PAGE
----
Rotary Wheel

 

How much do you know about the history of Rotary's symbol? Do you know why it has so many cogs? Today, your curiosity will be satisfied.

The Rotary gearwheel is one of the most familiar symbols in the world today. It has been a symbol of Rotary since its early days, but for many years, there was no standard Rotary emblem. Rotary clubs designed their own.

 


Rotary Wheel 1906-07

The first design was made by Chicago Rotarian Montague Bear, an engraver, who drew a simple wagon wheel based on Paul Harris' idea. Paul Harris reasoned the wheel symbolizes civilization and movement. The members rejected this first design as it looked too lifeless and so to give the impression of action, the engraver added clouds of dust both ahead and behind the wheel. He finally removed the clouds of dust as it was pointed out to him by another Rotary member that a wheel would not be able to generate these clouds in front of it.

During the 1911 national convention in Portland it was suggested that delegates adopt a standard emblem, based upon the wheel, which had become the generally accepted emblem of Rotary clubs A committee was appointed to come up with a design, which they've completed in under a month. How? They just copied the emblem used by the Rotary Club of Philadelphia.

The Philadelphia club updated the original wagon wheel design by adding cogs and converting it into a working wheel. This was meant to symbolize the idea of members working together and beign interlocked with one another to achieve the organization's objectives. The wheel had 19 cogs because the club was chartered as the 19th club in the world. The emblem was design by the Philadelphia club's president at the time.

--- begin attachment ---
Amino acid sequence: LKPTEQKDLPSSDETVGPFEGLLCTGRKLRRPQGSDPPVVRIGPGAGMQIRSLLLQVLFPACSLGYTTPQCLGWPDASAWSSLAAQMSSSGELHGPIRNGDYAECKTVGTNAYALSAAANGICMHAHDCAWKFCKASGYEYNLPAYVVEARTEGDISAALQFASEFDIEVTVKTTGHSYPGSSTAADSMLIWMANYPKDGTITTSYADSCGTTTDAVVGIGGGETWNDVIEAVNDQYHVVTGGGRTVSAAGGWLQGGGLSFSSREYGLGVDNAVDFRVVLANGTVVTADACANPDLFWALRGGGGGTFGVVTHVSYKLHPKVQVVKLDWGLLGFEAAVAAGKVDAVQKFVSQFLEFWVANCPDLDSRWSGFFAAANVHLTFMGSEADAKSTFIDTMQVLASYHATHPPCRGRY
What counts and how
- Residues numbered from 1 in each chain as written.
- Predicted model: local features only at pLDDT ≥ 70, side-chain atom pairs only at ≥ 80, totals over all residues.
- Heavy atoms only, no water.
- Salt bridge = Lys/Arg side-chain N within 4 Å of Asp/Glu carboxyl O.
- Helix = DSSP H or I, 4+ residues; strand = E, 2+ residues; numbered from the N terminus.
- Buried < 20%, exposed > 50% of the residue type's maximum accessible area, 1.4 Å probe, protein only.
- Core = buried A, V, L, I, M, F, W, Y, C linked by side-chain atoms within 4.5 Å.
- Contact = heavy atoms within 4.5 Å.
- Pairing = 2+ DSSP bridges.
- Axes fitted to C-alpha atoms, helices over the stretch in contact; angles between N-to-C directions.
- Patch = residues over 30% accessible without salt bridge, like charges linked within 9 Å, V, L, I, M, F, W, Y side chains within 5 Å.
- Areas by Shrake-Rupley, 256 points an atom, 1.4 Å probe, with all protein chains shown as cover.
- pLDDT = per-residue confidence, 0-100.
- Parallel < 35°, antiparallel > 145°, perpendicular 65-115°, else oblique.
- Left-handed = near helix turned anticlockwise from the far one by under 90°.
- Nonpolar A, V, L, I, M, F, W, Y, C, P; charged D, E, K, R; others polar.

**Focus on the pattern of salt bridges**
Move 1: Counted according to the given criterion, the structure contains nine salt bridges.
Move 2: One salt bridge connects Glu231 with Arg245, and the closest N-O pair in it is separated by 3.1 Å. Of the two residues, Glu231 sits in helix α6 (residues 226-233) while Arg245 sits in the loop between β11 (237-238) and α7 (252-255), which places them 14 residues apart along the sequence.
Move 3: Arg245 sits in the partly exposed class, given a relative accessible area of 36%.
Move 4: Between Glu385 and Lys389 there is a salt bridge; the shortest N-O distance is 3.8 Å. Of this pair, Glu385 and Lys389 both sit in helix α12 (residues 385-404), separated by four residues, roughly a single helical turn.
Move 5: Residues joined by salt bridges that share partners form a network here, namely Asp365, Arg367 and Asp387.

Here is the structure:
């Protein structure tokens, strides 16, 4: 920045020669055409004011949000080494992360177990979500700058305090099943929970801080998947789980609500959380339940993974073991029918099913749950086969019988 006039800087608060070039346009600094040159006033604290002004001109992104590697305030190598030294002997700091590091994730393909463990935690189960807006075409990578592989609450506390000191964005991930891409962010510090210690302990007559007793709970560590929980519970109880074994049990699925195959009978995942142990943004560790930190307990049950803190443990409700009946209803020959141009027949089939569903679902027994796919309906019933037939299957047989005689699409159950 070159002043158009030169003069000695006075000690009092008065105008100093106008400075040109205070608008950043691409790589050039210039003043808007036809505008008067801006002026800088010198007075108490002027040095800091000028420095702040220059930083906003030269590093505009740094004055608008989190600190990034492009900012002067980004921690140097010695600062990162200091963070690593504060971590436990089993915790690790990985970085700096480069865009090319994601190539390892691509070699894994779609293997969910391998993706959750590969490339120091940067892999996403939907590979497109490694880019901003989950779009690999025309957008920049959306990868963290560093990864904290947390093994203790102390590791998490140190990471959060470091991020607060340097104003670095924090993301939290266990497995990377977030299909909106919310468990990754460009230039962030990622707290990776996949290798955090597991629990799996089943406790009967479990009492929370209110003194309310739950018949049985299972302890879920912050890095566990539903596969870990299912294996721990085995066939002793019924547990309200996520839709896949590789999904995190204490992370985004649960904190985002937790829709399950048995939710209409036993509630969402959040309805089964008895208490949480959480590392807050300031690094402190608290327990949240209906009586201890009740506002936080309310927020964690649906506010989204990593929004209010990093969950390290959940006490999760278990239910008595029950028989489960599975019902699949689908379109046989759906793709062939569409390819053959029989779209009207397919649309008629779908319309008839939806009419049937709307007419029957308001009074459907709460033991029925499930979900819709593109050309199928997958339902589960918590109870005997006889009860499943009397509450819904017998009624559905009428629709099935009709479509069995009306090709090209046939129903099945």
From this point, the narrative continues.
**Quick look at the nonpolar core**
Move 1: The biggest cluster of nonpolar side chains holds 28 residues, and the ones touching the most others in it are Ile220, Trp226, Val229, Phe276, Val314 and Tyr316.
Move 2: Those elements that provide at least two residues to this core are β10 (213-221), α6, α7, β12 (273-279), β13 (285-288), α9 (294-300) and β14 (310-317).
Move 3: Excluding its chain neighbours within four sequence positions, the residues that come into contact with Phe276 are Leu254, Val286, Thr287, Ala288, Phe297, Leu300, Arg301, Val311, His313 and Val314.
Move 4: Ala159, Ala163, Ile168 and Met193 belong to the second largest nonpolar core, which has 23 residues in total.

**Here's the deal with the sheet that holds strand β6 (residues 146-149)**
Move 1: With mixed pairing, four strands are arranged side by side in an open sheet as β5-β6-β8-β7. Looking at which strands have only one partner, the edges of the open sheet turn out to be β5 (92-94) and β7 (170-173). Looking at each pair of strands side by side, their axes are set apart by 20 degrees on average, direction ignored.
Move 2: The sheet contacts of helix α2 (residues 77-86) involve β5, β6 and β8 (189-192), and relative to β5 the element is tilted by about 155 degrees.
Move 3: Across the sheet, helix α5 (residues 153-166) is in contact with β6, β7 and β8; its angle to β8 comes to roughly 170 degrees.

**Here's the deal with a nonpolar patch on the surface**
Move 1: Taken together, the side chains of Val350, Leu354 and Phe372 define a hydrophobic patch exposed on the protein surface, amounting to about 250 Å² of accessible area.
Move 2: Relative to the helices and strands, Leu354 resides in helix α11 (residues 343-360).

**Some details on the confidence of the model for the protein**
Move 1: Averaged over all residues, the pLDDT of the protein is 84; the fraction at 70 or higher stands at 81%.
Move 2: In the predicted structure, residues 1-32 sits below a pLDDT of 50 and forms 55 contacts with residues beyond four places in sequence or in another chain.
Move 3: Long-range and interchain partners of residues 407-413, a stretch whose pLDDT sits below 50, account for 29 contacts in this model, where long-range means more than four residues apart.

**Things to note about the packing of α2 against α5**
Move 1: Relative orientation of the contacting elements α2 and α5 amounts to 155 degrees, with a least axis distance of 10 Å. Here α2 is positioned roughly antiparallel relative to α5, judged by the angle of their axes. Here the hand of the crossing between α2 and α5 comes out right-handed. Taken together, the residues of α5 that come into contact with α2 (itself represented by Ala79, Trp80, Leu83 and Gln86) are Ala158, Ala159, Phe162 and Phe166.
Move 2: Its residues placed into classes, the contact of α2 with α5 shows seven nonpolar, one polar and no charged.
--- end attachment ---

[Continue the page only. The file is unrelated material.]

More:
In 1912, during the 1912 Rotary convention in Duluth, the emblem used by the Rotary Club of Philadelphia was approved as the standard design for the whole organization while also adding "Rotary International" to it. Fun fact: the president of the Philadelphia club, the one who designed the club's emblem, also became the president of the International Association of Rotary Clubs during that same convention.

Even after this standard design was approved, there was still many clubs with their own emblems and variations of the wheel and the cogwheel. Everyone was confused! Even the Rotarian magazine sometime depicted the wheel with 19 cogs, other times with 20 or 27.

In 1918, a Rotarian engineer by the name of Oscar Bjorge said that the "emblem was an insult to engineering that only the brain of an artist could conceive". He said that not only the cogs were irregularly spaced, but a cogwheel with 19 cogs would not work. He therefore designed a new one with 24 cogs and 6 spokes which symbolized the 6 objectives of Rotary at the time. He also added a keway which locks a wheel to a hub, thus making it a working one.

The exact specifications of the engineer's design were written into the Manual of Procedure in 1928. These specifications have remained unchanged ever since.

 

Here is a video of a collaborative project of the Rotary Clubs of Wilmington. It is the world's Largest Rotary Wheel:

Dr. Heber W Johnson Rotary Wheel: 5:17 min

 

Watch the short song below composed by Rotarian Heinzelman of the Rotary club of Lake County Golden Triangle:

Rotary Wheel Song: 1:21 min

 

What does the Rotary wheel mean to you?

If you would like to read more about the history of the Rotary symbol and see more photos of historical wheels, please go here http://rotaryfirst100.org/history/history/wheel/index.htm

 
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